These happen because patients got their treatment, and then got a bill. Often the bills are outrageous, and hospitals may be ruthless in collection efforts. That is a serious problem, but it is not caused by lack of universal coverage. And remember, bankruptcy is a way out of debt. Creditors take a haircut. In contrast to medical debts, student loans cannot be discharged by bankruptcy but follow a person for life.

Medicaid expansion may have alleviated fears of medical bankruptcy, but we don’t know that more patients got treatment. In single-payer Canada, there is no fear of a medical bill. But there might not be any treatment either.

Orient – who practices internal medicine – says those promoting universal health insurance know resources are limited and costs have to be kept down.

“They also understand that the burgeoning bureaucracy and its minions and retainers must be well paid,” she adds. “So the answer is to cut services.”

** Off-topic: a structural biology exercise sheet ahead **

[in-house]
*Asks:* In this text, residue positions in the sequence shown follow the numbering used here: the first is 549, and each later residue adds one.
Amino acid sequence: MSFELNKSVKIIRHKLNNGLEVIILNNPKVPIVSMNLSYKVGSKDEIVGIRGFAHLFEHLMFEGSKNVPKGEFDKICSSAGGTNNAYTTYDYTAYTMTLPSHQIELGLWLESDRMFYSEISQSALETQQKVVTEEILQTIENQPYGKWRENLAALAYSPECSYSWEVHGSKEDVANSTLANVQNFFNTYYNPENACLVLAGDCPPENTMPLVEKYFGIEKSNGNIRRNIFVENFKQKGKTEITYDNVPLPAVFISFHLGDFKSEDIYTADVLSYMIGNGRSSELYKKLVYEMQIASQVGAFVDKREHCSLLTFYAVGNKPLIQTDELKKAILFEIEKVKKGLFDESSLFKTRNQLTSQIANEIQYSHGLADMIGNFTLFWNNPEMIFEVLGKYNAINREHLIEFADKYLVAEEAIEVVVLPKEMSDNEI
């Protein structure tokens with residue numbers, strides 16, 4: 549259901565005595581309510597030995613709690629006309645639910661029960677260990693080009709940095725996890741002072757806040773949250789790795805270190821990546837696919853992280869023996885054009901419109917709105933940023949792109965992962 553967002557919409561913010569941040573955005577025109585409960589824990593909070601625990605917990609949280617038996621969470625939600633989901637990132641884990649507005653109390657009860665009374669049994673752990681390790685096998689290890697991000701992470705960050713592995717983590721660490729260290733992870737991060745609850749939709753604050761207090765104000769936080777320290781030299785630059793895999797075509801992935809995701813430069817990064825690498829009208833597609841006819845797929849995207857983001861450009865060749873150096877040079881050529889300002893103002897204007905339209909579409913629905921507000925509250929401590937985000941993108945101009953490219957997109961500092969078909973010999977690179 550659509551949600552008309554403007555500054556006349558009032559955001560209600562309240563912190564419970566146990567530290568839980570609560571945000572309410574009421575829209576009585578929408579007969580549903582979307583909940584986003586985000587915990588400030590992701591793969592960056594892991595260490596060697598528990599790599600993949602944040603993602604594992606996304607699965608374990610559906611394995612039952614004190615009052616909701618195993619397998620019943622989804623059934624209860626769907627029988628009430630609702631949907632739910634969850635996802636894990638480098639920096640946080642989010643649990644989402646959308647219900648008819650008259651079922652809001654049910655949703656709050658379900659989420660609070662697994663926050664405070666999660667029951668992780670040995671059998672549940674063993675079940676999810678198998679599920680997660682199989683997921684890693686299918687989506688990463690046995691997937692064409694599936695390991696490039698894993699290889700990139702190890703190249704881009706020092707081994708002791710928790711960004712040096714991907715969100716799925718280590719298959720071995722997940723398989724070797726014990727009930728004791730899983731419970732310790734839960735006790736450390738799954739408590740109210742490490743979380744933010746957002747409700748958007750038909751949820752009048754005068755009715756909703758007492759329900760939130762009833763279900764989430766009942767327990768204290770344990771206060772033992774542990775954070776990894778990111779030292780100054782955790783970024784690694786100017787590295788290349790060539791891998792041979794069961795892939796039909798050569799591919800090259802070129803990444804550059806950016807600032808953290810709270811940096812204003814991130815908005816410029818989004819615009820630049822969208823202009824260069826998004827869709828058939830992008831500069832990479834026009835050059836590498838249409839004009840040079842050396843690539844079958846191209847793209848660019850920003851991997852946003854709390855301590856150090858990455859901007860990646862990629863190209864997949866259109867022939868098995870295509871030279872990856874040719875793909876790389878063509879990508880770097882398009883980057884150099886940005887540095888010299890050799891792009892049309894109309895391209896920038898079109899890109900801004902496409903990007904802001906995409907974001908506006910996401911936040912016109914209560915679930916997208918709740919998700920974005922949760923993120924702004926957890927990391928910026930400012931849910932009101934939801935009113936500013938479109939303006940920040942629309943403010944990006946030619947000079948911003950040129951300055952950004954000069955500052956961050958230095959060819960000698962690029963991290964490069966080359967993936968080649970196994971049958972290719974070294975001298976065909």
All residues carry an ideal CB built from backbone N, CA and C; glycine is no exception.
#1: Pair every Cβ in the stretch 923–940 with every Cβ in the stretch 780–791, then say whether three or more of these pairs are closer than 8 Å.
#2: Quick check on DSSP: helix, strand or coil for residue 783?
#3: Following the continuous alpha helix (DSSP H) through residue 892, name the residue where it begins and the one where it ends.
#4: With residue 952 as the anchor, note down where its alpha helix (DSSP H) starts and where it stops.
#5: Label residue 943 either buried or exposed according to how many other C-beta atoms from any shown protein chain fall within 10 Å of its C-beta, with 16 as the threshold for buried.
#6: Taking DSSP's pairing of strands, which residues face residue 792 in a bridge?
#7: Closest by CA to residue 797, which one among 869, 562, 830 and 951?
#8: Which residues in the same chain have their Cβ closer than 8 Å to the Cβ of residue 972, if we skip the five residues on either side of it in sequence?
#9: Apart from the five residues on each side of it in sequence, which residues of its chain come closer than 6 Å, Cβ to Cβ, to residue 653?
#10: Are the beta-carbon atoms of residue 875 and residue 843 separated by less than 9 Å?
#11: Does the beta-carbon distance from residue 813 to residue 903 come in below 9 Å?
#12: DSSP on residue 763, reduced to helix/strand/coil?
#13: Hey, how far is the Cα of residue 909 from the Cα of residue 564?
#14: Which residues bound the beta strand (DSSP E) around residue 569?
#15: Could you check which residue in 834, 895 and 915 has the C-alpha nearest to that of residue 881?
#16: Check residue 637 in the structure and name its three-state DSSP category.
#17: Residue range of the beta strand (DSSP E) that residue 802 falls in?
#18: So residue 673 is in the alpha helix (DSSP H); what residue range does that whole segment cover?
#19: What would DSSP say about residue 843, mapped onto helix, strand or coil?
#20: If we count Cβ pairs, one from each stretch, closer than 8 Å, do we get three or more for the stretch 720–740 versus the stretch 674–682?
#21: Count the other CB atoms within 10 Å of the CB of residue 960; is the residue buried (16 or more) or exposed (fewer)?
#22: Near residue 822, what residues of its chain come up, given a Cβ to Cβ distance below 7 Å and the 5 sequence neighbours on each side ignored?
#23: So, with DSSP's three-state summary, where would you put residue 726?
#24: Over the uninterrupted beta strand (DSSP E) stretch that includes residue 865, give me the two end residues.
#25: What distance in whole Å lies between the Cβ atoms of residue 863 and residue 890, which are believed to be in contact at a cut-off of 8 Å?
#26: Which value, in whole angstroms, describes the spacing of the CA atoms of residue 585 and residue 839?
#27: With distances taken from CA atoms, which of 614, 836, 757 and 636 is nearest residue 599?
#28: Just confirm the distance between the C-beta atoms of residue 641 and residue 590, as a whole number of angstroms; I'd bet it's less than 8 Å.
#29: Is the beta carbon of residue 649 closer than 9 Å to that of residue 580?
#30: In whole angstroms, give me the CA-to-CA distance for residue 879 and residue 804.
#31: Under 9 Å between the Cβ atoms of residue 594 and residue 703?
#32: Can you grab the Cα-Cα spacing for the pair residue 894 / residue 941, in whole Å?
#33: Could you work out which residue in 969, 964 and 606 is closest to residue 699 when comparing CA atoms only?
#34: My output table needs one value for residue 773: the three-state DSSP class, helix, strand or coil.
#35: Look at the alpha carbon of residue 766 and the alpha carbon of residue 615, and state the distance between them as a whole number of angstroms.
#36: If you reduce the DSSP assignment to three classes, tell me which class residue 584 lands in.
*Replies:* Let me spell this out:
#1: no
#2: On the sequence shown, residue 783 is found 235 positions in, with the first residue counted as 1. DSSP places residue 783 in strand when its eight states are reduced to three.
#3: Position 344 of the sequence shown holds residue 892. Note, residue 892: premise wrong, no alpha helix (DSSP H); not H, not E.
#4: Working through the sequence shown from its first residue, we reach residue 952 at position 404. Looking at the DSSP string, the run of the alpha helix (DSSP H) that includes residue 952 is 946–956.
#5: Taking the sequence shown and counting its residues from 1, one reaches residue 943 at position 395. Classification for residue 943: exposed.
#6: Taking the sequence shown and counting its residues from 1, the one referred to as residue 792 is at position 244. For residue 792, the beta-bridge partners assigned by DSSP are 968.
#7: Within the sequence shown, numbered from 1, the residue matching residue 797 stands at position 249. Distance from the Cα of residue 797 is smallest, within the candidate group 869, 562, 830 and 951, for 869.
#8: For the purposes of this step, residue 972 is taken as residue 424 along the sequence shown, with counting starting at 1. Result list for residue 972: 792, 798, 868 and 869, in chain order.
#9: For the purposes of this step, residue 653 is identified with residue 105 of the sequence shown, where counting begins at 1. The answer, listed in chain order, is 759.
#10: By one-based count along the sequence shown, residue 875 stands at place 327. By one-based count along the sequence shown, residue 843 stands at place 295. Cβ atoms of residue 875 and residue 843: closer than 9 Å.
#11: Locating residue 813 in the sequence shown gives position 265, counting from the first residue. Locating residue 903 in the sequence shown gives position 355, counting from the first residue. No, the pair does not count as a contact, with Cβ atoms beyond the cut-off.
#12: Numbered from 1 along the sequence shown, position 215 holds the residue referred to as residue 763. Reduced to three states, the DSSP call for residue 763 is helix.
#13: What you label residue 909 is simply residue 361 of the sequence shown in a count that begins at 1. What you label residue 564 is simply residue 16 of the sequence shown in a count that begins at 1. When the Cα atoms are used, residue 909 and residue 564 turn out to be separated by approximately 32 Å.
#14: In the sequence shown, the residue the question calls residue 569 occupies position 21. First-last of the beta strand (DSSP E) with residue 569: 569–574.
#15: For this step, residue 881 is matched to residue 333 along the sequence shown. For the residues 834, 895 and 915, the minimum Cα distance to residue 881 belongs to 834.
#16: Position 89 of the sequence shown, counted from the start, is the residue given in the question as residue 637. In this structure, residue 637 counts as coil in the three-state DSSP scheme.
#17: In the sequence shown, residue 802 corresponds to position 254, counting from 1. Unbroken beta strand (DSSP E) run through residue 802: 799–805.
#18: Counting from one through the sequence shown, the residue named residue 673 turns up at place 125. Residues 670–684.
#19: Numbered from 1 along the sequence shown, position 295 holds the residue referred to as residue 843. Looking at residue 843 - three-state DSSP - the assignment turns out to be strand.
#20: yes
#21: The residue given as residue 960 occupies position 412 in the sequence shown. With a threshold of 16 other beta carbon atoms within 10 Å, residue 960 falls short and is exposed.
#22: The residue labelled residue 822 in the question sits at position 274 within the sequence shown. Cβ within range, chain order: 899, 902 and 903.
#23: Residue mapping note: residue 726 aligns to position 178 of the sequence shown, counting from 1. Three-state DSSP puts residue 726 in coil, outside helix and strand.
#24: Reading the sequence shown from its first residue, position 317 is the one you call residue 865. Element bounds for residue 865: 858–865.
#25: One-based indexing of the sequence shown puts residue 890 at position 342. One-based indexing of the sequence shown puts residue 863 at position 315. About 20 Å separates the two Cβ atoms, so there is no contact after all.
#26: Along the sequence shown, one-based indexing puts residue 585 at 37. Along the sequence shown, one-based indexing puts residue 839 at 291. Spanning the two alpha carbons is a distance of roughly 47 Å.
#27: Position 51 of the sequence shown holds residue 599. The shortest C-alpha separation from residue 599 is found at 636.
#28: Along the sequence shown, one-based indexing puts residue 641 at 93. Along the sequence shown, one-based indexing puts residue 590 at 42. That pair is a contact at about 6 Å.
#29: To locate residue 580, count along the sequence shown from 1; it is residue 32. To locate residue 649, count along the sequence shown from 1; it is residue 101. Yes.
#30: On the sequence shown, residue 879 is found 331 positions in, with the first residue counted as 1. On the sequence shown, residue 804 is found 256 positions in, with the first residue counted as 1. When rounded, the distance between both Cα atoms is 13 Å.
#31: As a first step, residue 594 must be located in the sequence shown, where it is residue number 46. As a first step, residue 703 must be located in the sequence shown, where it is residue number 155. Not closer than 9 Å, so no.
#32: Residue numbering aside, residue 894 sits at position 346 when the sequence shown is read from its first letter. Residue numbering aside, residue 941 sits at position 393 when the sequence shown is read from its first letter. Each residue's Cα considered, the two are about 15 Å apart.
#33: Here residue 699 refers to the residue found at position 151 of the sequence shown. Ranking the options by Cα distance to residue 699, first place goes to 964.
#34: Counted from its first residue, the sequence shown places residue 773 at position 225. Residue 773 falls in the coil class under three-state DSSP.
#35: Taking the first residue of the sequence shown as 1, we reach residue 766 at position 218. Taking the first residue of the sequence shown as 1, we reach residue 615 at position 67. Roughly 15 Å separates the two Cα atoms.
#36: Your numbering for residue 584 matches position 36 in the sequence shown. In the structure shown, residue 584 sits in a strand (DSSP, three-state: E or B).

“When the money is gone, treatment is canceled,” Orient explains. “There will be fewer beds, fewer CT scanners, fewer drugs, and fewer doctors. But all will be fair. No rationing by price, just by waiting lines, political pull—and death. There will be no medical bills to pay after a service, if you get any service. Only taxes in advance, service or no service.”

Similarly, House Ways and Means Committee Chairman Kevin Brady (R-TX) condemned the continued collapse of Obamacare and emphasized the difference between insurance coverage and access to actual health care.

“[A]mericans don’t want to buy what Obamacare is selling: expensive insurance that fails to meet their health care needs,” Brady said. “So far this year, nearly two million more people didn’t keep their coverage through Obamacare’s individual insurance marketplace – in large part because of doubling premiums, dwindling choices, and less access to the care that’s right for them.”